When we lecture at students and they write down what we say, we are doing their thinking for them. When we give them an exam on which they are expected to repeat what we said, aren’t we sending the message that one is rewarded for reciting the words of others?–indeed, since the best score one can get is 100, that there’s no reward whatever for doing your own thinking? When the exam asks students to replay a recipe (such as plugging values into a formula), is it a lot higher-order thinking than just repeating official truths? Would the lesson be much different if they carefully footnoted the exam to the course lectures and the textbook?

When we spend hour upon hour listening to ourselves talk, therefore can’t really have any clue what the students are thinking or how they think, and demand they respect us for it, are we modeling a kind of behavior we want them to emulate, say, in the workplace? When, and how, do they figure out that while school mostly has them practice being in a room with someone who knows The Truth, no-one will ever pay them for that skill? How much being told truths does it take to make someone good at finding and telling truth on her own?

“Dartmouth Review” vs. “Federalist Society” Conservatives Continued

Todd Zywicki at the Volokh Conspiracy responds here to my posting about “Dartmouth Review” vs. “Federalist Society” conservatives. He isn’t as sure as I am that these are genuinely contradictory approaches, but seems to think that conservatives need a combination of the FS’s “conciliatory” approach and the DR-types confrontational, publicity-attracting stunts. He also, interestingly, suggests another approach, which I’ll call the “Benedictine” or “remnant” conservative strategy, which involves designing completely alternative institutions, rather than trying to either attack or slowly work into dominant institutions (like law schools)–Patrick Henry and Ave Maria Universities are examples of this.

I would suggest that while Todd seems to think that the FS&DR approaches might have affinities with one another, the real links are probably between the DR and remnant types. The FS approach assumes that the dominant institutions are at least sufficiently healthy and valuable to be worth (from a conservative approach) reforming. As a result, FS types would want to be very careful about attacking fundamental standards of civility in those institutions, because they would want them to be healthy places once conservatives have established a beachhead there. DR types, by, as the Marxists used to say, “maximizing the contradictions,” may succeed in stripping those institutions of some of their legitimacy or prestige, but at the price of making them less attractive and workable places. This would tend, at the margin, to mainly strengthen the Benedictines, by diffusing energy away from changing dominant institutions (why try to fix them if they’re rotten?) to investing in alternatives.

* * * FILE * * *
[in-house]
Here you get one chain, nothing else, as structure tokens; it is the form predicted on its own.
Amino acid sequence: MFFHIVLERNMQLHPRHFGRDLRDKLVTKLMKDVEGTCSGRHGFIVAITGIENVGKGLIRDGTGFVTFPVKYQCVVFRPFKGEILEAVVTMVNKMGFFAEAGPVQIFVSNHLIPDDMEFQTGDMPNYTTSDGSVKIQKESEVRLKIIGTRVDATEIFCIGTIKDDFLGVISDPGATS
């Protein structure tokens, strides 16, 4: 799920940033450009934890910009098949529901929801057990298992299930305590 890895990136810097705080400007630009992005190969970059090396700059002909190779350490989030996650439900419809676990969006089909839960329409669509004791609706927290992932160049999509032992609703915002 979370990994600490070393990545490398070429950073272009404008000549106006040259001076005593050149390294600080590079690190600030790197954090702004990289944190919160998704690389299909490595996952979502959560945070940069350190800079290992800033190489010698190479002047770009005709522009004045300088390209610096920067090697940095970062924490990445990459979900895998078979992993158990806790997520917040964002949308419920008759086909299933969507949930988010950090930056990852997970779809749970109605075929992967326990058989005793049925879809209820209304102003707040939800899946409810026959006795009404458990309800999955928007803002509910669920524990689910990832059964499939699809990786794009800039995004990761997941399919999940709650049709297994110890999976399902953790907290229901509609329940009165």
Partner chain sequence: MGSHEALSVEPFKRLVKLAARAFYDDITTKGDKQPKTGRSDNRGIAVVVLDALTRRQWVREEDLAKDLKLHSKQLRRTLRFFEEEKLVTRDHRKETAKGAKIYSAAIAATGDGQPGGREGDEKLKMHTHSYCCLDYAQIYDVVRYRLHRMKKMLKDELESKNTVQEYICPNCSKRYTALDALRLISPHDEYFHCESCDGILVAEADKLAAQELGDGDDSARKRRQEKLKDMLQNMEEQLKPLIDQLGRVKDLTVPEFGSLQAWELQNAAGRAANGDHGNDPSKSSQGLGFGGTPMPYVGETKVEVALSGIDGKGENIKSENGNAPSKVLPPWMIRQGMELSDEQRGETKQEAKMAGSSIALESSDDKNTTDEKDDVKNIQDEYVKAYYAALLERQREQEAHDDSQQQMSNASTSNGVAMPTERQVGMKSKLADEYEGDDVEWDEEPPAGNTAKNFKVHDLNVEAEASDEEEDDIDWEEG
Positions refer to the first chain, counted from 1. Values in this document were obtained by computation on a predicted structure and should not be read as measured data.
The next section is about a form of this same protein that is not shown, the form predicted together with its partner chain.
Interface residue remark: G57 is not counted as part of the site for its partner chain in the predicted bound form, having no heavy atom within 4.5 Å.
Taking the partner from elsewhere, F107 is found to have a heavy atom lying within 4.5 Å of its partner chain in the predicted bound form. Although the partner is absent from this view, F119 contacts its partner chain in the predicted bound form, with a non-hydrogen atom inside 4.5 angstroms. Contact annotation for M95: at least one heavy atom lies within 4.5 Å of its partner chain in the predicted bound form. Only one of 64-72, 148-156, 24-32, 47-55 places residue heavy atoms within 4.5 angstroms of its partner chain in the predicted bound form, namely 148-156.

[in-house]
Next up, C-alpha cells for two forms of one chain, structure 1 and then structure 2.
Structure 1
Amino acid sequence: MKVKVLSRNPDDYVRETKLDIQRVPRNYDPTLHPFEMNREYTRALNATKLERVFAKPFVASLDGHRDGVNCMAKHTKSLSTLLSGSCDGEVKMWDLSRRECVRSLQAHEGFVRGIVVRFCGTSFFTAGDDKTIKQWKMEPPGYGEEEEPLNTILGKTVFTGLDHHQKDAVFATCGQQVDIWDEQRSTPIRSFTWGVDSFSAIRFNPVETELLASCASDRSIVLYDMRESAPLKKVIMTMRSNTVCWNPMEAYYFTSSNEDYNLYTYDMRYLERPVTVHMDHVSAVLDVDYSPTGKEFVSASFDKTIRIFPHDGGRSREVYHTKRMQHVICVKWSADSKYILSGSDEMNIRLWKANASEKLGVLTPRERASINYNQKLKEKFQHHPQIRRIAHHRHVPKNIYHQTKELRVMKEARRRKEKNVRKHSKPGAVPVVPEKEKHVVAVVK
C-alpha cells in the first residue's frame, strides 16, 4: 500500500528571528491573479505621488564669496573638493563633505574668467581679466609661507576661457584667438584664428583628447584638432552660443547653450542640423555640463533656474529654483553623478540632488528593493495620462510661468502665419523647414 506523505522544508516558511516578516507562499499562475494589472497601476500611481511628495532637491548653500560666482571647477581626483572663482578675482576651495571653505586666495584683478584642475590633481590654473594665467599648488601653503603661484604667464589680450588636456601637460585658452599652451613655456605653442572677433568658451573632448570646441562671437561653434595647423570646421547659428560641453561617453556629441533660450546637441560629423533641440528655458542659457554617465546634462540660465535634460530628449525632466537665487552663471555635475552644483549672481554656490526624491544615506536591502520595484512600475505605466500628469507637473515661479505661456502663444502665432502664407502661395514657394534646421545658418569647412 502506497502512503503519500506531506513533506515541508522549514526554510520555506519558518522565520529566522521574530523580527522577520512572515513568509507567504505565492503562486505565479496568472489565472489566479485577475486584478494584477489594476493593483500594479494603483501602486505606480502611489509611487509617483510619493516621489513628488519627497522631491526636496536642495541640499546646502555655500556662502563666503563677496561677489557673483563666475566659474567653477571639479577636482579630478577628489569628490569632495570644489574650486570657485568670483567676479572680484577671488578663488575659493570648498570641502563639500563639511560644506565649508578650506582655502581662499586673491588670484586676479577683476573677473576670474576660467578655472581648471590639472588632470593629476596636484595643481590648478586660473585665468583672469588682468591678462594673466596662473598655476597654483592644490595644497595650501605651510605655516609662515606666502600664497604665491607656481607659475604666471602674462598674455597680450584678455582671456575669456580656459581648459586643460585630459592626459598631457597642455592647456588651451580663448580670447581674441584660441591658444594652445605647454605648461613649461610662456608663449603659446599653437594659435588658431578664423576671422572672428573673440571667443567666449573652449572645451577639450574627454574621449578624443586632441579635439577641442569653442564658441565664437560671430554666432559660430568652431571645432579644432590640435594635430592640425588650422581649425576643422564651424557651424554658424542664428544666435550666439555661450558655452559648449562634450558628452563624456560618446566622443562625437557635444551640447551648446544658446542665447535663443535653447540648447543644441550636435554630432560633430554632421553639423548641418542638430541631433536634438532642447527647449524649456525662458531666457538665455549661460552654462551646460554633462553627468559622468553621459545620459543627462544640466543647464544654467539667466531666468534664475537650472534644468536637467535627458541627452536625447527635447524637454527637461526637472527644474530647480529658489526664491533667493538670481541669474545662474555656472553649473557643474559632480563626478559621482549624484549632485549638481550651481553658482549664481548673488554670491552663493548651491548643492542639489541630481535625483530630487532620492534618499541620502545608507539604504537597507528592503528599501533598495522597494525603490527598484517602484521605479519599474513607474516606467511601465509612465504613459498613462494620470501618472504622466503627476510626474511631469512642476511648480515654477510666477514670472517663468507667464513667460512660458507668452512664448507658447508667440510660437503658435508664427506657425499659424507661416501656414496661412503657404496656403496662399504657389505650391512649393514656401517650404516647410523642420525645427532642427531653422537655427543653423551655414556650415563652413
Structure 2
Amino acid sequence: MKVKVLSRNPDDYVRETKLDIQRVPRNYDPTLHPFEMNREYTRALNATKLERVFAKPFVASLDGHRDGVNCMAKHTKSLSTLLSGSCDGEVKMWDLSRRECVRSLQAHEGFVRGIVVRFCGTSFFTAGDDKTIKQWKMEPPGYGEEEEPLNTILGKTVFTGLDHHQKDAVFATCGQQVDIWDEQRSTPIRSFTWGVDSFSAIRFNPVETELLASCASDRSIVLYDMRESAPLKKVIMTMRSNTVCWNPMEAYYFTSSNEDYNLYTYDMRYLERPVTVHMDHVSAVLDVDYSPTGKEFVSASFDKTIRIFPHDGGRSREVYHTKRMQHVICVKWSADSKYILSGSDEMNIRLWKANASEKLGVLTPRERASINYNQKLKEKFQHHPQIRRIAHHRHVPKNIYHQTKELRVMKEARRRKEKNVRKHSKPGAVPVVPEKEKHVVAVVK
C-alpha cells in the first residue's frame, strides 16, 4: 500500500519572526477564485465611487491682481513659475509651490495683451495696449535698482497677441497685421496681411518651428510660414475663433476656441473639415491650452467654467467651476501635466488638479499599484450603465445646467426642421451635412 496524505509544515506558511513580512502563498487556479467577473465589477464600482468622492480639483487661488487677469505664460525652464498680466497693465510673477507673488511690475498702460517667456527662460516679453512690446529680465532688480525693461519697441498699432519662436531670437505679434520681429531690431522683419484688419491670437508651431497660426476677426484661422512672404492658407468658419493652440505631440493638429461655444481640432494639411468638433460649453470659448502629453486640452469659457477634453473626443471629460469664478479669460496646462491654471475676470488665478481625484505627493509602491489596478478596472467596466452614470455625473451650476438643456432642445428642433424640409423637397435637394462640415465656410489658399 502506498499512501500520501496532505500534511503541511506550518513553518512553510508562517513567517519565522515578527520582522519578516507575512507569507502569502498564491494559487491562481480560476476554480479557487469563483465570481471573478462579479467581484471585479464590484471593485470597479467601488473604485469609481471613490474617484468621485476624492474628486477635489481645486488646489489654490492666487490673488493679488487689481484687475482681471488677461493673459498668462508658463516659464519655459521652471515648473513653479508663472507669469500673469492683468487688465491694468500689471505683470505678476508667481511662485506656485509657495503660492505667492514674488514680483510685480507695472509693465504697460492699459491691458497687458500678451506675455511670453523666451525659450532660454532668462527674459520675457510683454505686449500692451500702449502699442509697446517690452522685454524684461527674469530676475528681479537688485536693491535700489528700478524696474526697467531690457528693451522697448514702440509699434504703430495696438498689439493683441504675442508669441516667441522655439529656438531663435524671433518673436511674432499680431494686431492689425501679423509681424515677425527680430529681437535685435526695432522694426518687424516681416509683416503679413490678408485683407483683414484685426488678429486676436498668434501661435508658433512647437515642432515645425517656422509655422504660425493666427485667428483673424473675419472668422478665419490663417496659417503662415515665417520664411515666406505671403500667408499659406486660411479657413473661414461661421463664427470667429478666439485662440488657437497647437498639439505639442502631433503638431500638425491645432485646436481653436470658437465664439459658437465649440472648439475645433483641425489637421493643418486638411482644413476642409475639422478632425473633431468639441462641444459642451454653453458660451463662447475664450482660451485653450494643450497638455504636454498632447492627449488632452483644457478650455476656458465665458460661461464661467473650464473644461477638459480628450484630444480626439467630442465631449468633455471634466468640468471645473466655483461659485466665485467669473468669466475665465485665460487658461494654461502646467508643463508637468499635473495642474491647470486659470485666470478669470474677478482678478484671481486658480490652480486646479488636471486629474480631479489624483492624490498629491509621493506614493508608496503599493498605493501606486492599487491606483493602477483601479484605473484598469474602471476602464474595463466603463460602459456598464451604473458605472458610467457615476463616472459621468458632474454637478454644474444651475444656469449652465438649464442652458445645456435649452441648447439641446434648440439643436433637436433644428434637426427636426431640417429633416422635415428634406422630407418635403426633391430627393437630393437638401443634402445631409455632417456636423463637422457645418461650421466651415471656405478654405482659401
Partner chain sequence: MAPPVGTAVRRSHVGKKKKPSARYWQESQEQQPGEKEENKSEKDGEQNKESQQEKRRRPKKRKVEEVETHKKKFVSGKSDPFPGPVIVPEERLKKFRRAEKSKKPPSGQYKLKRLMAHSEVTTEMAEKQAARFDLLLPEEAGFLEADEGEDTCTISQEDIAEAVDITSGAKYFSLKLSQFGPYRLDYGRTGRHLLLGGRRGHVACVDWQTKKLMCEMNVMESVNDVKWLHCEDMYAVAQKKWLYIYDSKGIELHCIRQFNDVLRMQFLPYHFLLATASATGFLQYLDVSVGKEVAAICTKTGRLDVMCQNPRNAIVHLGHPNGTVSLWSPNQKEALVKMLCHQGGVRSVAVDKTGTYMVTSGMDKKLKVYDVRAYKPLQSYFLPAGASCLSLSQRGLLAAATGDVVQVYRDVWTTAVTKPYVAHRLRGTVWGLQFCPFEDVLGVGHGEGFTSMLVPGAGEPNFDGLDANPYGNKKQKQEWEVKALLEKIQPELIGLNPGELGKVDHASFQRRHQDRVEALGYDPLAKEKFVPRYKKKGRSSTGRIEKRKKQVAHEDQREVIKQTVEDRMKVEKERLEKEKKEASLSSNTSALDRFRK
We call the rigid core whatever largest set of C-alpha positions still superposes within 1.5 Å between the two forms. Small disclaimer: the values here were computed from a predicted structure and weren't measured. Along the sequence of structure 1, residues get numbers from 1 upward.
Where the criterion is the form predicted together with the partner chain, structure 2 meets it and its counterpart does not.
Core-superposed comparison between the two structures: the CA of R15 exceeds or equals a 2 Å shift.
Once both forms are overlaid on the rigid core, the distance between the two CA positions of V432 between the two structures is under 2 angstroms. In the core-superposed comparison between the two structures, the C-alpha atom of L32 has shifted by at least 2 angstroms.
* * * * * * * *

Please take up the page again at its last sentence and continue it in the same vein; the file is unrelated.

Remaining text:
I should also note that the “FS” and “DR” categories here are ideal types, and like all ideal types, they don’t necessarily map onto every actual FS and DR member.

DR vs. Federalist Society Conservatives

The almost impossibly dumb “Bruin Alumni Association” naming of the “Dirty Thirty” UCLA profs (accusing them of bring tools of trendy academic leftism) brings into sharp relief one of the more interesting divisions in modern conservatism, between what we can call the “Dartmouth Review” and the “Federalist Society” conservatives. To be a DR conservative, one does not have to actually have served on DR (although, as in the case of Laura Ingraham, it helps): it is enough to adopt its techniques. At the core of those techniques is a combination of harsh ridicule and high-profile events or actions designed to encourage liberal institutions to impose discipline, so as to make visible those institutions’ bias and prove that they are hypocritical (the similarities to the Yippy left of the 60s is no accident). The “Dirty 30” list is a classic example of this sort of strategy, designed not to encourage reform in the institutions they are attacking, but to weaken them and cut away at their public legitimacy.